Taste Is In The Palate of the Beholder

A lot of fuss is made annually about numerous awards, about wine guide ratings, about what the learned critics say about any particular vintage from a specific cellar. Can these opinions be used as viticultural law? Should these opinions be used as the begin-all-and-end-all of our perceptions of a specific vintage?

The answer lays not in a yes or no, but rather in the question itself. These are in fact, opinions. Perhaps learned opinions, but a personal perspective nonetheless. Attempting to see these opinions as law, rather than as a guide, is an acute error of the palate; each human is an individual and thus, the palate is individualistic. What is excellent to one, may be mediocre or unpalatable to another.

A food critic who raves about seafood, is not going to convince a meat-lover that his/her favourite restaurant is the best in the world. The same goes for wine; a wooded Viognier lover will seldom convince the Chenin drinker that Chenin is too light and crisp on the palate and not an ideal supper compliment. Yes, there are some general guidelines in wine and food, but none of these are law, they’re open to personal interpretation.

I too have been guilty of wine snobbery, turning my nose up at wine with a higher residual sugar. “What, a sweet Cap Classique? That’s so Gauteng!” I’ve uttered those words before. Yet, I have to keep my Capetonianism in check, as my palate is not everyone’s palate and some of the larger, more promising, emerging wine markets may not be as receptive to the dry, sometimes wooded wines we might deem more ‘noble’ a vintage.

The South African wine industry has been lucky this year. With a poor European crop, despite a stagnant economy in the E.U., South Africa has experienced one of the best export years ever, as our exports made up for the European wine shortage. However, this may not be the case in years to come. As developed markets reach their saturation phase, if we want to grow our industry, we may need to appeal to non-traditional markets; this means, non-traditional wines. China, Bahrain, India and south-east Asia may not have our likes-and-dislikes.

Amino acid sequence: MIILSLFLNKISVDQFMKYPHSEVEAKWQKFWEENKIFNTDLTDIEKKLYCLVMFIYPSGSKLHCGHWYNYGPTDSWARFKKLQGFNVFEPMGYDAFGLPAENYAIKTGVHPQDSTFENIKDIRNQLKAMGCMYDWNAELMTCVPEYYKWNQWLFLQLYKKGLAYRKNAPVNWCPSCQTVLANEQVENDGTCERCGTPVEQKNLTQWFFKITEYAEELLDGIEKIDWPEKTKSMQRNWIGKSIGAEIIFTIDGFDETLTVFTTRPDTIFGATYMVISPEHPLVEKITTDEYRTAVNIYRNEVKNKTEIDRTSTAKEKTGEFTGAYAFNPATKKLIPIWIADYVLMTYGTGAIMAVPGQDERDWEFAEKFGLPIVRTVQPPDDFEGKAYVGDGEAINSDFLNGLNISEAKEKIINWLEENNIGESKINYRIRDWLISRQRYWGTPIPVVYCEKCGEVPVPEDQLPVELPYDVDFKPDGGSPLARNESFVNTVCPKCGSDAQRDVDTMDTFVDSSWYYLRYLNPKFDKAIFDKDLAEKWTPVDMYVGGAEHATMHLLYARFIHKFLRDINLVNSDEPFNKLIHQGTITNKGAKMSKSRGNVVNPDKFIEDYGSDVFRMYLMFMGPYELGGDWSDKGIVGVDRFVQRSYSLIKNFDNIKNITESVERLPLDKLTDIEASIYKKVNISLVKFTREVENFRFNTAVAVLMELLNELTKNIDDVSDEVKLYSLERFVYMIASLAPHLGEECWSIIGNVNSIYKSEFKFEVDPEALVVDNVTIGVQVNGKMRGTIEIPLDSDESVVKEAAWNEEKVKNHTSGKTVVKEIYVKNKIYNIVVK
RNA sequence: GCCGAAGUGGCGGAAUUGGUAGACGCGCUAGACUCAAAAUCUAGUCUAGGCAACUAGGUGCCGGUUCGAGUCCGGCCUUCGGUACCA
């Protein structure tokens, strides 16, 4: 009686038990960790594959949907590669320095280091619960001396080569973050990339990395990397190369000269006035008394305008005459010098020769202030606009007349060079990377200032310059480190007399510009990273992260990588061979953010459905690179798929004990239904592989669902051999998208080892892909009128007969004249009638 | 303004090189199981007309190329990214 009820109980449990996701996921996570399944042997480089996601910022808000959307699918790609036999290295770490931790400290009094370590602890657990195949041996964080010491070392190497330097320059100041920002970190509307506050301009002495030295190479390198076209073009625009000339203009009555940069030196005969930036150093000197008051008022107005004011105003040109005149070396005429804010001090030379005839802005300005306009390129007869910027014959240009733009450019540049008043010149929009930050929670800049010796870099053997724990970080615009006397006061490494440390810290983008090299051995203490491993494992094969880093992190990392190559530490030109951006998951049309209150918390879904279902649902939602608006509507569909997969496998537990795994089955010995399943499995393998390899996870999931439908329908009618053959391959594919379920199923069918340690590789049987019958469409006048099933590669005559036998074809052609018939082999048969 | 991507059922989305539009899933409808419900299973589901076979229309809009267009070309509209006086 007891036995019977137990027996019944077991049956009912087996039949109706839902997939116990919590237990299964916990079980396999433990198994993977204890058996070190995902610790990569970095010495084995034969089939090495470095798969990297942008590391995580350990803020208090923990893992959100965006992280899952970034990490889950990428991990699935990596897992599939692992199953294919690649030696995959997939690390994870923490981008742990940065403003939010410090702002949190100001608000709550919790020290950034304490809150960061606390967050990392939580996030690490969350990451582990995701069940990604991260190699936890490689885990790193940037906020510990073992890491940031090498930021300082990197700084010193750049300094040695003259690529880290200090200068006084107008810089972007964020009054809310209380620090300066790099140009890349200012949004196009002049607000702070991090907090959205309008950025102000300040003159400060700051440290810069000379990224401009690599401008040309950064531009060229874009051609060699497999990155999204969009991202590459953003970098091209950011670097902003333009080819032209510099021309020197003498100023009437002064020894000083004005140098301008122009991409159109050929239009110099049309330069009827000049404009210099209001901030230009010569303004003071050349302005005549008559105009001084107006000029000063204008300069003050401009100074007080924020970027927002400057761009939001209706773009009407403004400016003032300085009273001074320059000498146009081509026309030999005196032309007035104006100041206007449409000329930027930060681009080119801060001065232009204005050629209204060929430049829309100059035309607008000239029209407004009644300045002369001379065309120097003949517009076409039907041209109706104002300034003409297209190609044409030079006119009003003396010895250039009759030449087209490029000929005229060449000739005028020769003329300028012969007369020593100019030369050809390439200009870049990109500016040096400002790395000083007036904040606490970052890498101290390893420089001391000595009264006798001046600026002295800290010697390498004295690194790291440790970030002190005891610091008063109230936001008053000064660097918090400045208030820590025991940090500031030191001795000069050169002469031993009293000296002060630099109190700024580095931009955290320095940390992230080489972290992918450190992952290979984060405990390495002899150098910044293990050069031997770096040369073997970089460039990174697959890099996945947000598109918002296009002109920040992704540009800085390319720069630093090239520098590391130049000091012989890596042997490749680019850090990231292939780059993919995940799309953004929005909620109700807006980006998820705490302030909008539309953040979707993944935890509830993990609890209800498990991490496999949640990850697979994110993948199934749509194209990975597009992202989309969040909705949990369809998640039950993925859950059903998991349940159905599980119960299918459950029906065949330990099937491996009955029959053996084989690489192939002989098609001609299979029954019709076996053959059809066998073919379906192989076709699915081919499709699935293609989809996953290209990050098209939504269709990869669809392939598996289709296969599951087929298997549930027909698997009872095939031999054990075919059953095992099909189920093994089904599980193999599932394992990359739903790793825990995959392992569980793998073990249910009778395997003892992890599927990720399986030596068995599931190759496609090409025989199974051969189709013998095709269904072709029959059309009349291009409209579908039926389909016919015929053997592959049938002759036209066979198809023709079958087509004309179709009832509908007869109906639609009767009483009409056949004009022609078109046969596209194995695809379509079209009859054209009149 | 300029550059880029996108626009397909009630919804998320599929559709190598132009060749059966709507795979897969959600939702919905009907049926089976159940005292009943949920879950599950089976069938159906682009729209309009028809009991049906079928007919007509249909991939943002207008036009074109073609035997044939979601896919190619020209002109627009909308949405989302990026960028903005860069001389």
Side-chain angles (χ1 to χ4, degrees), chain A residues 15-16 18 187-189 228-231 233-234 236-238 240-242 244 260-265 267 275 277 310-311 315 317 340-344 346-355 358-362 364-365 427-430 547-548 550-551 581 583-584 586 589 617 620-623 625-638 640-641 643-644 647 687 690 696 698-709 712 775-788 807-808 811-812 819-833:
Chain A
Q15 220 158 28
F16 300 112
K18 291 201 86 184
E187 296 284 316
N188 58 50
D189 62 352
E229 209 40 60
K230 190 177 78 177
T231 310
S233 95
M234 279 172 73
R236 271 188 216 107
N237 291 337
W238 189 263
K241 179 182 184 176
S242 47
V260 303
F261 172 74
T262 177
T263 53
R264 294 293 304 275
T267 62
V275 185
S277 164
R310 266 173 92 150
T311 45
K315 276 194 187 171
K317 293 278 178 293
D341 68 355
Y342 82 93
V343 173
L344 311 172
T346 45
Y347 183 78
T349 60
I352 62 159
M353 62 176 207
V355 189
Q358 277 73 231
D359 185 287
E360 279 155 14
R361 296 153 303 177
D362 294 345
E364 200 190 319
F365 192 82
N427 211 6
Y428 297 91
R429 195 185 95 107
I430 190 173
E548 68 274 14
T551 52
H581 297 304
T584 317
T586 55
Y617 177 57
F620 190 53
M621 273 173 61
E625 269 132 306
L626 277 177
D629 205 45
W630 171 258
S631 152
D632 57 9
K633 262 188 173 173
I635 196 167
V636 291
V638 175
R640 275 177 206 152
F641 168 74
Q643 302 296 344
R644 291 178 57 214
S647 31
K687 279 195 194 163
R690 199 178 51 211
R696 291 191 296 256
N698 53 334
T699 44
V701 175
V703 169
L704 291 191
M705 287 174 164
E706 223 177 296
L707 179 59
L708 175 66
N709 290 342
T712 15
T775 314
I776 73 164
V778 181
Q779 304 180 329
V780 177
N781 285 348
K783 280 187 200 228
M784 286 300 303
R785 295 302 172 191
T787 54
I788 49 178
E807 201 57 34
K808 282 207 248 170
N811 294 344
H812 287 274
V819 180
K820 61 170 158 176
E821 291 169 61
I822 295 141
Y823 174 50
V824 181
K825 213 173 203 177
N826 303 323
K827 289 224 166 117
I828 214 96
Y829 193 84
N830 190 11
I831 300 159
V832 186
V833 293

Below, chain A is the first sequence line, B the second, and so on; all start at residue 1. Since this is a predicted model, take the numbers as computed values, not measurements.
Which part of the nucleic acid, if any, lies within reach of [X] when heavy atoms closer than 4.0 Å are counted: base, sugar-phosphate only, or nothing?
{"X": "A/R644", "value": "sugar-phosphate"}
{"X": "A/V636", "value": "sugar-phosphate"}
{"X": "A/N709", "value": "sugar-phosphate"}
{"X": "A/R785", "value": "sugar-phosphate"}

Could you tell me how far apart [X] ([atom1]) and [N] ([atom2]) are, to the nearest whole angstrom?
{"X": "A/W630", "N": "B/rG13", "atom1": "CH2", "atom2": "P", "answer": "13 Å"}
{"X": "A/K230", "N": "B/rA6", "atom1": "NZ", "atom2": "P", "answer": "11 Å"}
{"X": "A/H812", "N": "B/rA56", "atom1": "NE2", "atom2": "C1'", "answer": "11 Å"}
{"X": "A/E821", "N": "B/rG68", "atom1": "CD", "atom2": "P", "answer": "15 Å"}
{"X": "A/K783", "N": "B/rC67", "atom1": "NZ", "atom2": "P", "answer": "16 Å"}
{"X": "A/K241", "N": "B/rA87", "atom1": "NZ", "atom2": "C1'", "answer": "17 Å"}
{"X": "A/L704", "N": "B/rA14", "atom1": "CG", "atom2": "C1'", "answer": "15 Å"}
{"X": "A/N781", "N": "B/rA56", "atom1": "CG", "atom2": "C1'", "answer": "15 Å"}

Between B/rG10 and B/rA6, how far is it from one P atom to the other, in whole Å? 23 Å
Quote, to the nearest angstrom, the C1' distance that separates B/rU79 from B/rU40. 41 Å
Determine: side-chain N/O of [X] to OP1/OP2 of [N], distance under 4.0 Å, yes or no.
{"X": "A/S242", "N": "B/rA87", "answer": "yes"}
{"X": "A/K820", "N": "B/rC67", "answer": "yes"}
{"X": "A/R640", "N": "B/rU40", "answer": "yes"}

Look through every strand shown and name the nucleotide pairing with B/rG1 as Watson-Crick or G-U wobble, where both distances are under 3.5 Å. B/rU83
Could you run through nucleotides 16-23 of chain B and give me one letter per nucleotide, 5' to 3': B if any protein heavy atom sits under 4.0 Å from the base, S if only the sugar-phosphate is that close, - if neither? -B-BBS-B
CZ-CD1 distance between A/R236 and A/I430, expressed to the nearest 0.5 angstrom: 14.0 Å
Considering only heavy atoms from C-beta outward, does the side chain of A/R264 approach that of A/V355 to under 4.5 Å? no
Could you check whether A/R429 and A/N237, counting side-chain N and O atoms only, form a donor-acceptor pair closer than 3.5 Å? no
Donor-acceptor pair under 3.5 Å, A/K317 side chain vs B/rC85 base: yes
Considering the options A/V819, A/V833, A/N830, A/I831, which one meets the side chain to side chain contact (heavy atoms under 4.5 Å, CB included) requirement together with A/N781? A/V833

This is the case. I looked at Du Toitskloof’s limited production Vin Deux, a sparkling wine produced for eastern export, that resembles Cold Duck more than our locally lauded Sparkling Brut. We may not purchase the former for our birthday or New Year’s celebration, but another market certainly will.

Does this mean a cellar has sold out on traditional concepts of quality, or does it mean its range appeals to a wider range of palates. In a globalised world, I sincerely believe it is the latter. The Cape, European, S. Australian or Californian idea of a good vintage just isn’t going to cut it as a point of departure for all wine production.

We’re entering a brave new world where we may be producing vintages we would not consume ourselves. However, success is thinking wider than our own needs and wrapping our heads around the palates of others’. This does not mean we should abandon our traditional, well-loved favourites. Diversity is the spice of life and a diverse portfolio makes for diluted misfortune; if our eggs are in many baskets, one basket falling in a specific year will do limited harm. Is it not wiser allowing the consumer to choose which basket he/she prefers more? We think so.